(I'm reposting this blog article from 2010 because the advice is still 100% accurate. Moving to OpenDNS is one of the best ways to improve your internet experience. - Chip)
Earlier this week, we started getting reports from several of our users that they couldn't connect to our website anymore. This was very strange because 1.) we hadn't changed anything and, 2.) clearly most of our users could connect just fine.
After some investigation, we noticed that the people that were having connection problems all used "shaw.ca" as their ISP. Some more testing revealed that for some unknown reason, the DNS servers at shaw.ca were missing our DNS record.
(Background: A "DNS Server" is a computer that converts an Internet name like "www.stockcharts.com" into a series of numbers like "126.96.36.199" that your computer can then use to actually connect to our website. If the DNS server loses our numbers, your computer cannot find us.)
Now typically most people use whatever DNS server their ISP tells them to use. You might remember typing some numbers into a dialog box labelled "DNS Server" back when you first set up your Internet connection. Unfortunately, many ISP's are not diligent in maintaining their DNS servers. This can lead to all kinds of problems such as slow Internet times and, in the case of shaw.ca this week, missing websites.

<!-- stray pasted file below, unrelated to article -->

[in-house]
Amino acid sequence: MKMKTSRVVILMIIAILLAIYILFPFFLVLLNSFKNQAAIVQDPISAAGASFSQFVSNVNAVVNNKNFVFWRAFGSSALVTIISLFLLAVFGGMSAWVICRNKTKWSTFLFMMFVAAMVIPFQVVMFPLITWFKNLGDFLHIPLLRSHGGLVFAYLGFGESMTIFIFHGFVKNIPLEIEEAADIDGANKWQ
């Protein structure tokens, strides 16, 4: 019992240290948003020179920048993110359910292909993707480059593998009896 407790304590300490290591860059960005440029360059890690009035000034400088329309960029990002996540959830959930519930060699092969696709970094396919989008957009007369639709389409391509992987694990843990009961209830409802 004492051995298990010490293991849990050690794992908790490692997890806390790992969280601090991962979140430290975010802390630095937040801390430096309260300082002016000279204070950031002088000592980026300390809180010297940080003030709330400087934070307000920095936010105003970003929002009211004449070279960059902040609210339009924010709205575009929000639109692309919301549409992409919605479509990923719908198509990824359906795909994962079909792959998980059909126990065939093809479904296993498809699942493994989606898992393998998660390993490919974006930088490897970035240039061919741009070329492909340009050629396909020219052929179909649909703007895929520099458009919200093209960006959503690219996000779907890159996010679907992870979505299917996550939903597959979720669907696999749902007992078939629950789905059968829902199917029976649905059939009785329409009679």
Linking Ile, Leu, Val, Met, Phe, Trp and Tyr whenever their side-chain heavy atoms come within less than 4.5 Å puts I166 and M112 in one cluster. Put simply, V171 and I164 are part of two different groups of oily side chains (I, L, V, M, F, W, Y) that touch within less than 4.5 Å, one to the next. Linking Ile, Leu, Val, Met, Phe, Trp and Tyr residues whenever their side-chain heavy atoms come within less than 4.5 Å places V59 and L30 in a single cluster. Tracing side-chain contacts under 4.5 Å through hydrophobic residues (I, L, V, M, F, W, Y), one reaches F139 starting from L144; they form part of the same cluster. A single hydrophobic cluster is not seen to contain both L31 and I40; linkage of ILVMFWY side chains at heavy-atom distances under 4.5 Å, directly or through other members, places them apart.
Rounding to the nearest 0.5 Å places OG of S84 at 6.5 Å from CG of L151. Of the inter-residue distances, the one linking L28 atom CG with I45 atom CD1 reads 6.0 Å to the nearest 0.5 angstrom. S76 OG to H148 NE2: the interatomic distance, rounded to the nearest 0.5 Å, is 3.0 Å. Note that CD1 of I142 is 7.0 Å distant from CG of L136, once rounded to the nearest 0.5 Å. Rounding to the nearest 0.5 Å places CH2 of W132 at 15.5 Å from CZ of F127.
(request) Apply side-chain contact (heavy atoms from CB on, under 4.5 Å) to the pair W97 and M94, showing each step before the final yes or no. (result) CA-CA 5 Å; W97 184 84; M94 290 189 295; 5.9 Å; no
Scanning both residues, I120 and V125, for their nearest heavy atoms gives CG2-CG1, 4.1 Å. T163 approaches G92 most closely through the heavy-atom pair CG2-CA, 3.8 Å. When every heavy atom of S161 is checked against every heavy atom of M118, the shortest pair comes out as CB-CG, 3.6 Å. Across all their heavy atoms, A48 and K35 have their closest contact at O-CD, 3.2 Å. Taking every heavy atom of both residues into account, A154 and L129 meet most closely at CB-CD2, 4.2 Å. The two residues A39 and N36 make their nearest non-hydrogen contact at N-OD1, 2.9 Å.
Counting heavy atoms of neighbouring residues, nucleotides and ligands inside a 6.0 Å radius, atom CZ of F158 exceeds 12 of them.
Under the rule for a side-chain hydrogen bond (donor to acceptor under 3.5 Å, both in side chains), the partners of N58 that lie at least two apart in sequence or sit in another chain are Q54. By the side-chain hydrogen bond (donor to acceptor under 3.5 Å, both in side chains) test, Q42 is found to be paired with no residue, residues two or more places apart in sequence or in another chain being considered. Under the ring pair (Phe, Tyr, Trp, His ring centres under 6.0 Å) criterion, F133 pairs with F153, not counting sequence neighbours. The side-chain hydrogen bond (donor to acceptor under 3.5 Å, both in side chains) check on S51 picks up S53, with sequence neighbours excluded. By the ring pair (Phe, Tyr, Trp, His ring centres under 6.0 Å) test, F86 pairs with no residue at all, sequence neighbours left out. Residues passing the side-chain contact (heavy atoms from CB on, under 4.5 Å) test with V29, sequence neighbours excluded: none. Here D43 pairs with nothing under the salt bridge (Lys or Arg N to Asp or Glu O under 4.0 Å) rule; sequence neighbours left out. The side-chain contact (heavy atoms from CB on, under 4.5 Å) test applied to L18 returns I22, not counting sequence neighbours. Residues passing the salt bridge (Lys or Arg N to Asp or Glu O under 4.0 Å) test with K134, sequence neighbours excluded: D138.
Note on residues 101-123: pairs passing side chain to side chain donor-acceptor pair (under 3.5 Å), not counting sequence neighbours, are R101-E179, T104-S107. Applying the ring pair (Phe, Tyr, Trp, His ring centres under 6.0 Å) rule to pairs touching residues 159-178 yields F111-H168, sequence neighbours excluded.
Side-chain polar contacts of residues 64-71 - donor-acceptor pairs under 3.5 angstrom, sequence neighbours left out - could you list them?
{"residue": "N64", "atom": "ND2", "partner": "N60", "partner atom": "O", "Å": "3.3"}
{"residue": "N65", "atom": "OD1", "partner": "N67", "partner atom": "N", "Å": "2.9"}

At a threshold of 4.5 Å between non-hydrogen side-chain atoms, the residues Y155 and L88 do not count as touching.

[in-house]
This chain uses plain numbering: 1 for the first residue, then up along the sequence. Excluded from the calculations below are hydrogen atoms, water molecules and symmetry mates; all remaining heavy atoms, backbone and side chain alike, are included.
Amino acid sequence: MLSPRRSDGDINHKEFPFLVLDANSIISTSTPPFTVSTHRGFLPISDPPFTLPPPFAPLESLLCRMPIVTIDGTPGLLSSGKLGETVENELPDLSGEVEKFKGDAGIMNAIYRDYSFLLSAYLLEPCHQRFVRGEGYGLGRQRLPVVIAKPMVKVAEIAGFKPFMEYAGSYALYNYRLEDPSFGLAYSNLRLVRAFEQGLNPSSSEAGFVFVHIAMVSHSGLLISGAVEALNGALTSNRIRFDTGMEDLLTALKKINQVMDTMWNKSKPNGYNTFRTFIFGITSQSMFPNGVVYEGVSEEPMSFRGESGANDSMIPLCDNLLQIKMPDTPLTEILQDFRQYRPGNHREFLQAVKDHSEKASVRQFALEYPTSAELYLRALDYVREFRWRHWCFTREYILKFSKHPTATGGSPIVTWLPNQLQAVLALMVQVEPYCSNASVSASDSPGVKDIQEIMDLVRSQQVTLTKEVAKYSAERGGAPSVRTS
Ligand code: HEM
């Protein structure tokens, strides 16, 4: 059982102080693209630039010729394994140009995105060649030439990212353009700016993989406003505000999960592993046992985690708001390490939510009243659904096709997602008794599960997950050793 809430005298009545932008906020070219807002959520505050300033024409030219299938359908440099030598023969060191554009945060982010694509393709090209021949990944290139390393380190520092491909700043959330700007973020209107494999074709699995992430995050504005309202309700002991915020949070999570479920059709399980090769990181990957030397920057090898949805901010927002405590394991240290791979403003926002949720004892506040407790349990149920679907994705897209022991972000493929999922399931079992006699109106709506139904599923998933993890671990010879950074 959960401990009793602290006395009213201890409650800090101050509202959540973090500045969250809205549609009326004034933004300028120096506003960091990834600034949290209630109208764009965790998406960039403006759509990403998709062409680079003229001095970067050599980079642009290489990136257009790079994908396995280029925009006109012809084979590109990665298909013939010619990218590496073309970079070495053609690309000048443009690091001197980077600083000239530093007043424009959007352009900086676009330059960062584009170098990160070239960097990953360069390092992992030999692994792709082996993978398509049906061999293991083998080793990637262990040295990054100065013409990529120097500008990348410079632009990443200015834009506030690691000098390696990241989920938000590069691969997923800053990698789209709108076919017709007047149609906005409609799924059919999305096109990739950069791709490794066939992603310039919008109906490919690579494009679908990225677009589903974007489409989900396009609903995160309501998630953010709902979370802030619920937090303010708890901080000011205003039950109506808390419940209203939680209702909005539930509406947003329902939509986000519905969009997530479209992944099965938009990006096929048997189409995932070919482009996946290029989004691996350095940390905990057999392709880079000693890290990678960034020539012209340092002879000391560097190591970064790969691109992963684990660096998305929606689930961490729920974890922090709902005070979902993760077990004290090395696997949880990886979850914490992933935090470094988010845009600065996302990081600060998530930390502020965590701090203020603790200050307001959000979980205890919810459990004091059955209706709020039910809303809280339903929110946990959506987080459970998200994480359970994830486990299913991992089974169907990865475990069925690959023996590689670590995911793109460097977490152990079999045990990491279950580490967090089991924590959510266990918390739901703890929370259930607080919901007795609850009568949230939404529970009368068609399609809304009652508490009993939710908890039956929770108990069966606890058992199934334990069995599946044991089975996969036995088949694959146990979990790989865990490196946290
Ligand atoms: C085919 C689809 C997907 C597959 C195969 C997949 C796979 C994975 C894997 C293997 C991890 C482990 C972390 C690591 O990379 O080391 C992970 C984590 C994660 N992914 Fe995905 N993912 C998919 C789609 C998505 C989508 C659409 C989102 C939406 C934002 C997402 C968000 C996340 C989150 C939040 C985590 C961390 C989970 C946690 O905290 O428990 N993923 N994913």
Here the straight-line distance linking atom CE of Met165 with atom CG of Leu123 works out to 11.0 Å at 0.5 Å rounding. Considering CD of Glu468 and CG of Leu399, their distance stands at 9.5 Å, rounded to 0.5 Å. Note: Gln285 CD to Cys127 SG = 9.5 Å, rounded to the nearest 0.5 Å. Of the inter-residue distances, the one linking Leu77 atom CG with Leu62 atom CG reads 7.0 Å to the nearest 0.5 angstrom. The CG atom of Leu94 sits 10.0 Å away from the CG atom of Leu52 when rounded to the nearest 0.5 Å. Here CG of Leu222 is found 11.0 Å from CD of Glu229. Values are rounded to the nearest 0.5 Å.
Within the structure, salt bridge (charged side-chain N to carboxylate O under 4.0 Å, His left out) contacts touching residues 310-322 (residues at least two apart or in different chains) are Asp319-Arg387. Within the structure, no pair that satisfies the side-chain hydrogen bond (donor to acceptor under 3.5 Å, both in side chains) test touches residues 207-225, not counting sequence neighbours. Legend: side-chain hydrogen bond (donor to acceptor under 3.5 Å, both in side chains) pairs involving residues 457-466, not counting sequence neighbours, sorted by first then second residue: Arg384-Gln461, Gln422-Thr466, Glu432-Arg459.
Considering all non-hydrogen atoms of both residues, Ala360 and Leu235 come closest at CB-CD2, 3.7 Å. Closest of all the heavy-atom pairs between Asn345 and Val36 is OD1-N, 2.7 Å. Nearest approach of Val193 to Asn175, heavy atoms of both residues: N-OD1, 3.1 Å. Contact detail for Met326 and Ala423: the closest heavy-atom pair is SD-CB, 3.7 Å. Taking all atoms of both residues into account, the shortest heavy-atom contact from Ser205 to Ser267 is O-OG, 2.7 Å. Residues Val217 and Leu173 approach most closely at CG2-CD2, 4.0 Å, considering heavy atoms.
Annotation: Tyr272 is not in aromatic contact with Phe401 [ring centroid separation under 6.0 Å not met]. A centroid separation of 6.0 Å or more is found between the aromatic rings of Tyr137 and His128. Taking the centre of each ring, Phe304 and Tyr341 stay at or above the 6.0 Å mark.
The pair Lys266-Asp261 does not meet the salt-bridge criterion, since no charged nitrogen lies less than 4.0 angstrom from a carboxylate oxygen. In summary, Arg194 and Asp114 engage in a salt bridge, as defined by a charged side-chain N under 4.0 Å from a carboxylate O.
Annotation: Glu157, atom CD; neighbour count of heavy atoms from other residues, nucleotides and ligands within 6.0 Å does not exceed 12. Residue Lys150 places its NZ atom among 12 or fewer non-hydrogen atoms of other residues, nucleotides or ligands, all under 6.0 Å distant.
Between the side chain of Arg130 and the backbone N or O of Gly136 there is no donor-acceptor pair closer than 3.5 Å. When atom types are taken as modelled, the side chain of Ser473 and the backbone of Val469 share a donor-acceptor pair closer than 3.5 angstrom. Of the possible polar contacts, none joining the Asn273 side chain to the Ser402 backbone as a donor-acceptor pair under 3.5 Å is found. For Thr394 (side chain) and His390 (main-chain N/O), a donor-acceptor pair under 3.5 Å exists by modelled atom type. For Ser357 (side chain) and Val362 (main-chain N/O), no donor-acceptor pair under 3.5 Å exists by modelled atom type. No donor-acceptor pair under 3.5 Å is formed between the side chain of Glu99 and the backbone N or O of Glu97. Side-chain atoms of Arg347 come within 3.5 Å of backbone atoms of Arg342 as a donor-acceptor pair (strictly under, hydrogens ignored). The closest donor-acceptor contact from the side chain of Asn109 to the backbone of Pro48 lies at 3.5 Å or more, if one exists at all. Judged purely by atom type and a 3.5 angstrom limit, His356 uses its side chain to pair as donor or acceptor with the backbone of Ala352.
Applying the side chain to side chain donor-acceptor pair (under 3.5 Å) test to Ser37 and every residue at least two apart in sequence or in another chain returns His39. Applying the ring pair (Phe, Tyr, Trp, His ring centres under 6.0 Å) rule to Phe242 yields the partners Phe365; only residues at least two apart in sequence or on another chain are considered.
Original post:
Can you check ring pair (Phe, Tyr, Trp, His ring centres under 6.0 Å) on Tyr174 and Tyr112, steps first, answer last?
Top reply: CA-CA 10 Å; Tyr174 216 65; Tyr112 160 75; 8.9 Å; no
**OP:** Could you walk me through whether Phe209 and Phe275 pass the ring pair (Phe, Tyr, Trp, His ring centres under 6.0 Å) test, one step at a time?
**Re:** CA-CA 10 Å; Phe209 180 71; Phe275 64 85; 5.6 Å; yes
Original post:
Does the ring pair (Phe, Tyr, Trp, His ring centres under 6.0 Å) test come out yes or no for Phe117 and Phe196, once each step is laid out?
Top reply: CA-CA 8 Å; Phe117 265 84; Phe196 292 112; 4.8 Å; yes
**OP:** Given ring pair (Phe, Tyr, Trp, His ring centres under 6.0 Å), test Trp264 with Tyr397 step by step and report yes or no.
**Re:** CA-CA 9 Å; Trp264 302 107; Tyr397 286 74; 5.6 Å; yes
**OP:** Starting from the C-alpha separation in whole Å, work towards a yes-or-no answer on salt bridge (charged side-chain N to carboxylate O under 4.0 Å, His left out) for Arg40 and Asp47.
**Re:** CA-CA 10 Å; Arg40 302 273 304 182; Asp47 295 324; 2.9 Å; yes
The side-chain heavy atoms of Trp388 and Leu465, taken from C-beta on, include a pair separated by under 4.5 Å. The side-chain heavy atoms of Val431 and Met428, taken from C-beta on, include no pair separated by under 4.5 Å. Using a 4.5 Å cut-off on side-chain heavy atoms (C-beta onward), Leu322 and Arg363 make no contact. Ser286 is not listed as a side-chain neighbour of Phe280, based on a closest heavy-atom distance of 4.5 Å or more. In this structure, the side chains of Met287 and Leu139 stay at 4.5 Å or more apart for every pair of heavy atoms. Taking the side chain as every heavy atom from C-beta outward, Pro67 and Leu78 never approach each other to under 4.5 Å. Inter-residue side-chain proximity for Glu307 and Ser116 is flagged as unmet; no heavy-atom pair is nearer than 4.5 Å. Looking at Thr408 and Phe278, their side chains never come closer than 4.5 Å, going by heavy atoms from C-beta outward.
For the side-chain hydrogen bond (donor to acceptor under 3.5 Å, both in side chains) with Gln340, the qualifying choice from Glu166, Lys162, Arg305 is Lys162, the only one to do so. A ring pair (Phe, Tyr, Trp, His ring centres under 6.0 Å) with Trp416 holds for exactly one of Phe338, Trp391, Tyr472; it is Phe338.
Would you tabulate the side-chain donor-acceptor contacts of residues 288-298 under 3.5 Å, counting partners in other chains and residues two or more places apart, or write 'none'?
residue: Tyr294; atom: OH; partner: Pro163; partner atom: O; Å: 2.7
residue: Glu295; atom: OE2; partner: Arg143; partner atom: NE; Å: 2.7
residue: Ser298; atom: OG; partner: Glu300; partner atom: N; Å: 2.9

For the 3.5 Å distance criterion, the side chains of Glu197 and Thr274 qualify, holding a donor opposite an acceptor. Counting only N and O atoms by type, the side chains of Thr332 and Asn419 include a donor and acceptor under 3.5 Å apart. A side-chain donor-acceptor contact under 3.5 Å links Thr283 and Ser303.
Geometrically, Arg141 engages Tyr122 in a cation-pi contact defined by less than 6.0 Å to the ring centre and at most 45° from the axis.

Fortunately, there is a MUCH better way.
OpenDNS.com is a free service that provides a set of rock solid, super-fast DNS servers to anyone who wants to use them. To use the OpenDNS servers, all you need to do is replace your ISP's DNS addresses with the OpenDNS addresses. Complete instructions can be found by watching the "OpenDNS Basic" video on this page:
Using OpenDNS.com has the additional advantage of protecting you from accidentally visiting dangerous websites. It will warn you when you try to open a site that other users have flagged as dangerous.
We have used OpenDNS here at our offices for two years now and I have used it at my house for just as long. I _strongly_ recommend them to anyone that uses the Internet - especially the good people who use "shaw.ca."
P.S. Several of the shaw.ca people changed their DNS settings to use the OpenDNS servers and their connection problems went away instantly.